The Atlantic Monthly has a cover article on the new global rich. The modern day robber barons, whose wealth is the equivilant of the GNP of Uruguay, have made a killing on Internet startups and hedge funds. They aren't tied to one country and fly around the world managing their investments. The article wasn't the best. Some say Robert Frank's book, Richistan: A Journey Through the American Wealth Boom and the Lives of the New Rich, covered the same material, only better. Still, the article did have some interesting tidbits.
Apparently, this new global elite love policy conferences. They go to Aspen and the TED conferences and invite thinkers to their dinner parties to entertain the guests like trained monkeys.
The best-known of these events is the World Economic Forum’s annual meeting in Davos, Switzerland, invitation to which marks an aspiring plutocrat’s arrival on the international scene. The Bilderberg Group, which meets annually at locations in Europe and North America, is more exclusive still—and more secretive—though it is more focused on geopolitics and less on global business and philanthropy. The Boao Forum for Asia, convened on China’s Hainan Island each spring, offers evidence of that nation’s growing economic importance and its understanding of the plutocratic culture. Bill Clinton is pushing hard to win his Clinton Global Initiative a regular place on the circuit. The TED conferences (the acronym stands for “Technology, Entertainment, Design”) are an important stop for the digerati; Herb Allen’s* Sun Valley gathering, for the media moguls; and the Aspen Institute’s Ideas Festival (co-sponsored by this magazine), for the more policy-minded.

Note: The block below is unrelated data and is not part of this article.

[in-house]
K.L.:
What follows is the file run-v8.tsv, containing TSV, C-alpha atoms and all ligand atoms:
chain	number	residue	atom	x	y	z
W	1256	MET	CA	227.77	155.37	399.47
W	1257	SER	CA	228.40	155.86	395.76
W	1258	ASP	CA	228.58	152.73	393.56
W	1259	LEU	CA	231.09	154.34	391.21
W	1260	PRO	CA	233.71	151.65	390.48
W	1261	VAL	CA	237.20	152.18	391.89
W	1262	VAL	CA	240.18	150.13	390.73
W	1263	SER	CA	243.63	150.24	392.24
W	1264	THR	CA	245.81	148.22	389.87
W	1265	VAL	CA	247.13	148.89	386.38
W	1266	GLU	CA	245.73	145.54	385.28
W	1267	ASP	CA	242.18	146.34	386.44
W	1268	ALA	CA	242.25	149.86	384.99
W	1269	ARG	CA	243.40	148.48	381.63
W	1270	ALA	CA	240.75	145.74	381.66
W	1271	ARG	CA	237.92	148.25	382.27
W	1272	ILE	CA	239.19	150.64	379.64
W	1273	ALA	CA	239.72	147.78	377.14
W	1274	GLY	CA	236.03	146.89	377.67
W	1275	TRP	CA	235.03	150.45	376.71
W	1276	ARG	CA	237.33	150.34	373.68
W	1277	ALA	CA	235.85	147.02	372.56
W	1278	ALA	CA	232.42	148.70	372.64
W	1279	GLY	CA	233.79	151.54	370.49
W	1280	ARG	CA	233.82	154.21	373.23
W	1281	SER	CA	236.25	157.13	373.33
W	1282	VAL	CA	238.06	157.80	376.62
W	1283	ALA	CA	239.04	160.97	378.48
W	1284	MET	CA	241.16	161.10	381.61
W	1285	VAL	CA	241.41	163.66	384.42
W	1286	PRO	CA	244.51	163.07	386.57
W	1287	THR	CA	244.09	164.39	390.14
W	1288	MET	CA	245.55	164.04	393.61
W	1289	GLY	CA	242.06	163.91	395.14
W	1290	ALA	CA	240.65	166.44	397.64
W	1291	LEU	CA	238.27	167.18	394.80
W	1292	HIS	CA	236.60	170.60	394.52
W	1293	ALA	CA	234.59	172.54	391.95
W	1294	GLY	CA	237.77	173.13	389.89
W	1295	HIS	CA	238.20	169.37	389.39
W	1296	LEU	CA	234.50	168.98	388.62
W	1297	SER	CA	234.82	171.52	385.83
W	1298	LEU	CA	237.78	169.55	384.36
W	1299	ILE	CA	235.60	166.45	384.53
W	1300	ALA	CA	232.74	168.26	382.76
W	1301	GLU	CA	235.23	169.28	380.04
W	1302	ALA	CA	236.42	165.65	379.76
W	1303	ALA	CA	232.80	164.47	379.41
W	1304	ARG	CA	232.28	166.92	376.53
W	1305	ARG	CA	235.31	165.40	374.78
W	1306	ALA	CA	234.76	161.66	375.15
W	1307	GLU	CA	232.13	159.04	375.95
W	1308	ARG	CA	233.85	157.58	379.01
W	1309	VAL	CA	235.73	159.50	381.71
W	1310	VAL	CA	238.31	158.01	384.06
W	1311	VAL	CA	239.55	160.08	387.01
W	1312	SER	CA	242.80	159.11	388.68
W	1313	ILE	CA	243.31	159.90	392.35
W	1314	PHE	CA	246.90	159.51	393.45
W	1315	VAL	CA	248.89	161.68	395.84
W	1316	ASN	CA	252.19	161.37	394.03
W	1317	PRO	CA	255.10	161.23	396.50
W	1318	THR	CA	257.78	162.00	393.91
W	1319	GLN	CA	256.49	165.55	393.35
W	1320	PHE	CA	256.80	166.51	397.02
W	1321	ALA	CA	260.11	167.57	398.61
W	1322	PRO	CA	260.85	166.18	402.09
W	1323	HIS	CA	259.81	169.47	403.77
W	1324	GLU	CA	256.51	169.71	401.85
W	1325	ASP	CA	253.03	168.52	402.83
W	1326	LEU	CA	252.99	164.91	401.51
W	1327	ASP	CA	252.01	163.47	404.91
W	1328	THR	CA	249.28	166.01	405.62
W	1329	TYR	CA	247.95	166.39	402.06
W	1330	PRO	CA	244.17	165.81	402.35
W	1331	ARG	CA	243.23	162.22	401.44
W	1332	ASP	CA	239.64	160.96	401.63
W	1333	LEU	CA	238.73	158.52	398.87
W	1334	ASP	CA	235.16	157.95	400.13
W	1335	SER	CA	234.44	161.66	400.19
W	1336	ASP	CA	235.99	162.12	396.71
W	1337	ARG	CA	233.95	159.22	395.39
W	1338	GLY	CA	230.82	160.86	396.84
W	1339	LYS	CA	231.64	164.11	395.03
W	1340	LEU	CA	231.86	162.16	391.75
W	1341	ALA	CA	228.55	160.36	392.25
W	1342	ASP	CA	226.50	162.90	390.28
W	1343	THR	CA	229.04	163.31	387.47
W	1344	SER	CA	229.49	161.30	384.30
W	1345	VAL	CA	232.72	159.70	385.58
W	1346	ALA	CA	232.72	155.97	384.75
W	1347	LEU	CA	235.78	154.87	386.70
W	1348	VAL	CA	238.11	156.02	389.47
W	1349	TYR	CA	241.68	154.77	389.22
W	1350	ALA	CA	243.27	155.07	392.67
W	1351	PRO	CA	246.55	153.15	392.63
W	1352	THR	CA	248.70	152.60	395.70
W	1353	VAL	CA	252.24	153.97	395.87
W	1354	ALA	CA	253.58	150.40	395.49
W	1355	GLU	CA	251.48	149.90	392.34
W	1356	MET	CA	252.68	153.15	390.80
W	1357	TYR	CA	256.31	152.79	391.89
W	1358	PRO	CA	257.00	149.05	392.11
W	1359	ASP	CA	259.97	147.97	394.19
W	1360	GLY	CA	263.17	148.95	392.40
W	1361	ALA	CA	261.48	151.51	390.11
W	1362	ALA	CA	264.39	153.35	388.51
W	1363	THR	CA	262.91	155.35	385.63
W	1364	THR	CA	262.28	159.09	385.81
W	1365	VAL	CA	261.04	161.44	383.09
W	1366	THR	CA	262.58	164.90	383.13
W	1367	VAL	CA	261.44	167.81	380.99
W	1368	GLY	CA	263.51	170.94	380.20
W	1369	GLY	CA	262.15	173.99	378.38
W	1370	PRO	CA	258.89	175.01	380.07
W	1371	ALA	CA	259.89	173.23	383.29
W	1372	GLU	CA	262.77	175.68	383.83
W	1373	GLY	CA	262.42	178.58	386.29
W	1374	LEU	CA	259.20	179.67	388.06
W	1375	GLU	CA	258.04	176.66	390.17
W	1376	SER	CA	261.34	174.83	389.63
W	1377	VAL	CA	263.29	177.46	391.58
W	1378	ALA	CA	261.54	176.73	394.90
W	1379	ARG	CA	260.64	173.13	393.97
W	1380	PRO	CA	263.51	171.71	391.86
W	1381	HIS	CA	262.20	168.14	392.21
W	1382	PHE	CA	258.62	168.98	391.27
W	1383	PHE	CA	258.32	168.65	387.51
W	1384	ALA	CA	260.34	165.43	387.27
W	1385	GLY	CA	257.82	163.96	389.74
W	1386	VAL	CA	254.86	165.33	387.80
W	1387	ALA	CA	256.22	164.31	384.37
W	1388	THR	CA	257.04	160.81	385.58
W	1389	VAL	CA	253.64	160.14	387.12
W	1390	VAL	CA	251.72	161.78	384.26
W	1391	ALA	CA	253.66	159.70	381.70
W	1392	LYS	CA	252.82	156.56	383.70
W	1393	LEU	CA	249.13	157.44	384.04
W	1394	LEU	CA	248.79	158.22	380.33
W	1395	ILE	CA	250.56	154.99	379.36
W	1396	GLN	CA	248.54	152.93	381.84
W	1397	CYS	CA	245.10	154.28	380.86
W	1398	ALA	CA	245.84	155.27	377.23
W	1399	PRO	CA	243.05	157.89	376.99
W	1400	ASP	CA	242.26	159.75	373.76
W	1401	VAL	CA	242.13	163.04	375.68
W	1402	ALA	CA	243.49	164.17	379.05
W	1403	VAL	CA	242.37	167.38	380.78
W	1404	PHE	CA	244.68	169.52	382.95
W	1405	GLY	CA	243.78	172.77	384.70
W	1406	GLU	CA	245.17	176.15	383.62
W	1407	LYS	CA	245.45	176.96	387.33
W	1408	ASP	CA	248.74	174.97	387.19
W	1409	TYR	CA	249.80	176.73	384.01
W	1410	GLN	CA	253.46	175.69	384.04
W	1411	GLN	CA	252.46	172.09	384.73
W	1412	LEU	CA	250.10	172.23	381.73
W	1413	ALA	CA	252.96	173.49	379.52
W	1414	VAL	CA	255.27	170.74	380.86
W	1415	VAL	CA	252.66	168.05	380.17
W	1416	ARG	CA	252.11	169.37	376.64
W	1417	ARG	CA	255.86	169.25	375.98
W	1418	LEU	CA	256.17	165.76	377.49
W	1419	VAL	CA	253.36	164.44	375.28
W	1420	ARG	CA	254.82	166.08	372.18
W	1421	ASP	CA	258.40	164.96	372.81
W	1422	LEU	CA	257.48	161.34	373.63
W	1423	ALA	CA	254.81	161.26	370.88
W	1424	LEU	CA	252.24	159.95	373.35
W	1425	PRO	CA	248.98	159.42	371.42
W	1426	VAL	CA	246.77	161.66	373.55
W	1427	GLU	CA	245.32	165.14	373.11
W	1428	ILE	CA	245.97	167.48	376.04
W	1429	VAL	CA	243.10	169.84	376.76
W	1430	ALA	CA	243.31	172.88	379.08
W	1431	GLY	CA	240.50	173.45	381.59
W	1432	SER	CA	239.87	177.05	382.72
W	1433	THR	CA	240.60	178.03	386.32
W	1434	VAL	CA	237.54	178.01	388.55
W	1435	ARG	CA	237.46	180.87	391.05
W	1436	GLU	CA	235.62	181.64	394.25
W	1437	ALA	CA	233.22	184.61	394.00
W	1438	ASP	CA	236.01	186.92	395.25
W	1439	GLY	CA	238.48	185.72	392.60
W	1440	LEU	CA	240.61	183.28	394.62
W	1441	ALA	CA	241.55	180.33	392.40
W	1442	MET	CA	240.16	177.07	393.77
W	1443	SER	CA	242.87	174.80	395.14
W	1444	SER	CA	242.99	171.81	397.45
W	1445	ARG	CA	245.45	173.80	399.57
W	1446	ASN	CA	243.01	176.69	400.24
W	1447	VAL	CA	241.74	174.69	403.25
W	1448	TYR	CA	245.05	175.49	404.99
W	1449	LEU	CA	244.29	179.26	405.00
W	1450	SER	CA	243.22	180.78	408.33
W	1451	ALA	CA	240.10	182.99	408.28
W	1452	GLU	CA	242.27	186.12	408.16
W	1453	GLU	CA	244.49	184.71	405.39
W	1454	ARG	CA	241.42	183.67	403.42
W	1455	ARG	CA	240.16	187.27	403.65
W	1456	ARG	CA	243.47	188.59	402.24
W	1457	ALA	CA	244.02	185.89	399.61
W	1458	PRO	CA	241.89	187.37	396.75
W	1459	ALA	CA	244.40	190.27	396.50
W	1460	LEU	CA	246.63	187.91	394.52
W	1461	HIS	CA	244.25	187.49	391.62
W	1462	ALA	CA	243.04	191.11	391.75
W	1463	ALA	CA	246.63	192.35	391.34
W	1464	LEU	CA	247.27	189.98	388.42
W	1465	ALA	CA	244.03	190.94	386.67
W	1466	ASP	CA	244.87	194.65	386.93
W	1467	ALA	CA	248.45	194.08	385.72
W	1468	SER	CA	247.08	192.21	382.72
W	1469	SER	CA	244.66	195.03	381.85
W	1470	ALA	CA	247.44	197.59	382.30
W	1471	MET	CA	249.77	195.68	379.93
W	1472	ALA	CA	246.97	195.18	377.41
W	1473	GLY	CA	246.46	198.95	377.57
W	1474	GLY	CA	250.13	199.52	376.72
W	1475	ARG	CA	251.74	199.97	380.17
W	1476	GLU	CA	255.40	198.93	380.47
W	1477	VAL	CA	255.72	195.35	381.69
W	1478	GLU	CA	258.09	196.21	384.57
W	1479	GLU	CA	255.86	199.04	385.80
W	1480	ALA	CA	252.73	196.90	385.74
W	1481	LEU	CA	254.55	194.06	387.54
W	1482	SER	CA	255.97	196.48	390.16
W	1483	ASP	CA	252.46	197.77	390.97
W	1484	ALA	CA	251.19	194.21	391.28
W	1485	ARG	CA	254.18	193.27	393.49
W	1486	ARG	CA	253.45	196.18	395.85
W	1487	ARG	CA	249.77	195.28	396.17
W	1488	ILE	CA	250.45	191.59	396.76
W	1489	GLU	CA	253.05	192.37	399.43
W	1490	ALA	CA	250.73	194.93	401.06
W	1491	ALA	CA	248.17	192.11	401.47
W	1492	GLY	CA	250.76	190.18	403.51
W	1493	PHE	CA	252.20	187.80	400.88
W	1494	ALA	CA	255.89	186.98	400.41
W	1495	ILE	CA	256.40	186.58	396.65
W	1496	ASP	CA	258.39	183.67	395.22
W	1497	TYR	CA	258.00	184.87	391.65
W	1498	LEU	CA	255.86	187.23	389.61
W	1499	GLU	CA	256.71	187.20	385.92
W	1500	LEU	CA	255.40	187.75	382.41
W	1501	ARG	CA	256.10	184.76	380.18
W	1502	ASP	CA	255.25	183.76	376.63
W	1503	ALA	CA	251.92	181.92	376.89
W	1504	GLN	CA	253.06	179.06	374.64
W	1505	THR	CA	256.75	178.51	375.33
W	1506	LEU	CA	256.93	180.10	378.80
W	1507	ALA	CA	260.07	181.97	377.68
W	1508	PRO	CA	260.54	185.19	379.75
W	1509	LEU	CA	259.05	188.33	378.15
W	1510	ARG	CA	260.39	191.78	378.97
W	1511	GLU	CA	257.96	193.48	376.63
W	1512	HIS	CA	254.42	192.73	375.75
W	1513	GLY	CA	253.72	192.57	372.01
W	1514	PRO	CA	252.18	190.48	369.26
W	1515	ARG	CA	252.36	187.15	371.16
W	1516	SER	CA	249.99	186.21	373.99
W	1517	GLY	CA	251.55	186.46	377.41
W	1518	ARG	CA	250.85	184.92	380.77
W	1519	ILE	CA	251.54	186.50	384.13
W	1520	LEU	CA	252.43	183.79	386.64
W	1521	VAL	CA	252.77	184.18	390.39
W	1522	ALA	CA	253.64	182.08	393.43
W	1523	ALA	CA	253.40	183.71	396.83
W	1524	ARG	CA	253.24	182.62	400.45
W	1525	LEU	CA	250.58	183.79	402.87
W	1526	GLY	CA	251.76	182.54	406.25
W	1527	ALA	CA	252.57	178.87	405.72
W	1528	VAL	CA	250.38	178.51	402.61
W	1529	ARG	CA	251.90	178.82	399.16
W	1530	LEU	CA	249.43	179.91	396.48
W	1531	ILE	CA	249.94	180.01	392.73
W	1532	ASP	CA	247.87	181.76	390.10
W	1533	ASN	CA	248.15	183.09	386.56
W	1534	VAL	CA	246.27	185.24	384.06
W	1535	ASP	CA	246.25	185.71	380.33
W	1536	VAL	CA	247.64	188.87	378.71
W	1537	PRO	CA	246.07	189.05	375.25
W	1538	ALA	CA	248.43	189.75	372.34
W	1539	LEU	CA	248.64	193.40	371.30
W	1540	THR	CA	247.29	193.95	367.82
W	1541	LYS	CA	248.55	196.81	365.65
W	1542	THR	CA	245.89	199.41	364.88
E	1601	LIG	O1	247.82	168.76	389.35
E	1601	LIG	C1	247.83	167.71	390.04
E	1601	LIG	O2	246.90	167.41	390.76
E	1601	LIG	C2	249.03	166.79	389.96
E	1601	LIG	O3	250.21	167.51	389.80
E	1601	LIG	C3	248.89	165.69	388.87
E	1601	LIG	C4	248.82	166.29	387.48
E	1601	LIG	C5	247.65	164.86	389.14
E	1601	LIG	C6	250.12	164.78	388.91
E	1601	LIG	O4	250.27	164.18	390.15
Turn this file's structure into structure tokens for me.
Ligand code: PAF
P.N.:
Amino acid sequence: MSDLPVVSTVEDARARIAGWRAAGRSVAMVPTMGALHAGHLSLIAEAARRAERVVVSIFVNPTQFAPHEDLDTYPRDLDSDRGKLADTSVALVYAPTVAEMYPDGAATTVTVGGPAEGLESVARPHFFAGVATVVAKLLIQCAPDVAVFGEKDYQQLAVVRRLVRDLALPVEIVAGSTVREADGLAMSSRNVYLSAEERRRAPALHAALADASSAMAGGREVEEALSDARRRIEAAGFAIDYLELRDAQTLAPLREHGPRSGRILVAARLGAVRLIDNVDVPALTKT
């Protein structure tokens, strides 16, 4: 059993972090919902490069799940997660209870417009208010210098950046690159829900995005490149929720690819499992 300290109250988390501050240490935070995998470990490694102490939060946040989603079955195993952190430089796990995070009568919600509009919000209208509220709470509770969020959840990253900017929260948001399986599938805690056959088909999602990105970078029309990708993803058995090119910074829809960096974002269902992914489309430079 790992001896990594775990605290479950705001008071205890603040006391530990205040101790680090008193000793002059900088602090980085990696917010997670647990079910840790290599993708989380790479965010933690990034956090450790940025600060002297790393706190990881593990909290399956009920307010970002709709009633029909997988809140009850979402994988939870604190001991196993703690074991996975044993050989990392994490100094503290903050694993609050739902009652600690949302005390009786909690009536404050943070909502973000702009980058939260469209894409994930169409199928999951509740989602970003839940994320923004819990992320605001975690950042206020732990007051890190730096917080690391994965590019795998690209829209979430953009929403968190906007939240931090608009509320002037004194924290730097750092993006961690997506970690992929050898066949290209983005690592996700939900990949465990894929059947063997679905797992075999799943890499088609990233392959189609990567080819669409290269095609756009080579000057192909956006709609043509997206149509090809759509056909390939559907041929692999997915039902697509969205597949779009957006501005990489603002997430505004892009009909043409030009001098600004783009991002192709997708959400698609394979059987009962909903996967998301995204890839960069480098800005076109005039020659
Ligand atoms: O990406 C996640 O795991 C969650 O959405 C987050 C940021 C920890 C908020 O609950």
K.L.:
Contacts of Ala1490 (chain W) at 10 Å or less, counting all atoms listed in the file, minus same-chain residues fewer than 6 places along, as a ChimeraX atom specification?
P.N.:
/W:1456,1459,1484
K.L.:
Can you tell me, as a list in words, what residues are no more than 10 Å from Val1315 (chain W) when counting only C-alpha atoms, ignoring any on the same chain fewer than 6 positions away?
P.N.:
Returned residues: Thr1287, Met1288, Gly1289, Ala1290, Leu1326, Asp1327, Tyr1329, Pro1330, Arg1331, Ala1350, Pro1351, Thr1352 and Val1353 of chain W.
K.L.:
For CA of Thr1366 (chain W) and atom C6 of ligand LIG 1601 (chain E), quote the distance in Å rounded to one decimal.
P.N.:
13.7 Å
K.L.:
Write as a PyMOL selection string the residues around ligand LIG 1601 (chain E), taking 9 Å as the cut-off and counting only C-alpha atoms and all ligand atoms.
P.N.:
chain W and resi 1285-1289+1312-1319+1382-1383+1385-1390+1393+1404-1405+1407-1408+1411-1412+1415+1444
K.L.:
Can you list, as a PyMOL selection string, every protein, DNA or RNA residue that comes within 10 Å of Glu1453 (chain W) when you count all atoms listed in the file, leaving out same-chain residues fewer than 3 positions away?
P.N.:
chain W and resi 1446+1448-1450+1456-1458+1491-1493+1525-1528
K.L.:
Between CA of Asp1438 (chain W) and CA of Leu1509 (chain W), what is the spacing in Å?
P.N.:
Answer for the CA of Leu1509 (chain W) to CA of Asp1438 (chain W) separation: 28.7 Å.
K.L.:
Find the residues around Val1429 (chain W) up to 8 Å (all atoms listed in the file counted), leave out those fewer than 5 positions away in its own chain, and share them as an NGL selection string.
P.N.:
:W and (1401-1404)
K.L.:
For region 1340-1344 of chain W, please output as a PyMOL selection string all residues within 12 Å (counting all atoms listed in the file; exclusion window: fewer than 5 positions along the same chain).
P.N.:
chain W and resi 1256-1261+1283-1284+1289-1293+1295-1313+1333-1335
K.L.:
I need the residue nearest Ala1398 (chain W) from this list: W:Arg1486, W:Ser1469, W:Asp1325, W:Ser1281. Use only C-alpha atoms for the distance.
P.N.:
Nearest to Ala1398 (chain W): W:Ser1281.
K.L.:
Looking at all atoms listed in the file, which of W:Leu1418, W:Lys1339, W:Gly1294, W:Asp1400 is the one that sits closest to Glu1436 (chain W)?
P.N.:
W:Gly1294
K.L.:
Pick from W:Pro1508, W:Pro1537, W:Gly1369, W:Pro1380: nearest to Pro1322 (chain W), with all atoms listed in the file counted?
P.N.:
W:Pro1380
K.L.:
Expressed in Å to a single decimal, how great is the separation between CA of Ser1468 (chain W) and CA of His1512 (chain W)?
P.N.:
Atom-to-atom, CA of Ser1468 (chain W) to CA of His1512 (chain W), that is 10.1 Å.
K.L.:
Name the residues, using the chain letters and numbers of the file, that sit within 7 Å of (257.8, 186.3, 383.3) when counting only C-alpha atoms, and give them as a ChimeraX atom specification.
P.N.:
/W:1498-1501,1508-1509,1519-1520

There's something very phony about all this. Policy is just the new playtoy for the mega-rich. A place to put their billions. Last fall, Mark Zuckerberg gave Newark schools $100 million. Out of the blue. He had no connection with the city and no record of having any interest in education policy. I'm mean, we'll TAKE it. Thank you, very much. But why?
While I'm skeptical about the motives of these global rich and their interest in political and social ideas, I do hope that these TED talks and conferences and glamous names at stuffy policy conferences will make policy cool. Maybe there will be a spillover affect. I want ordinary people to talk about this stuff. They have to start inviting Kim Kardashian to these events.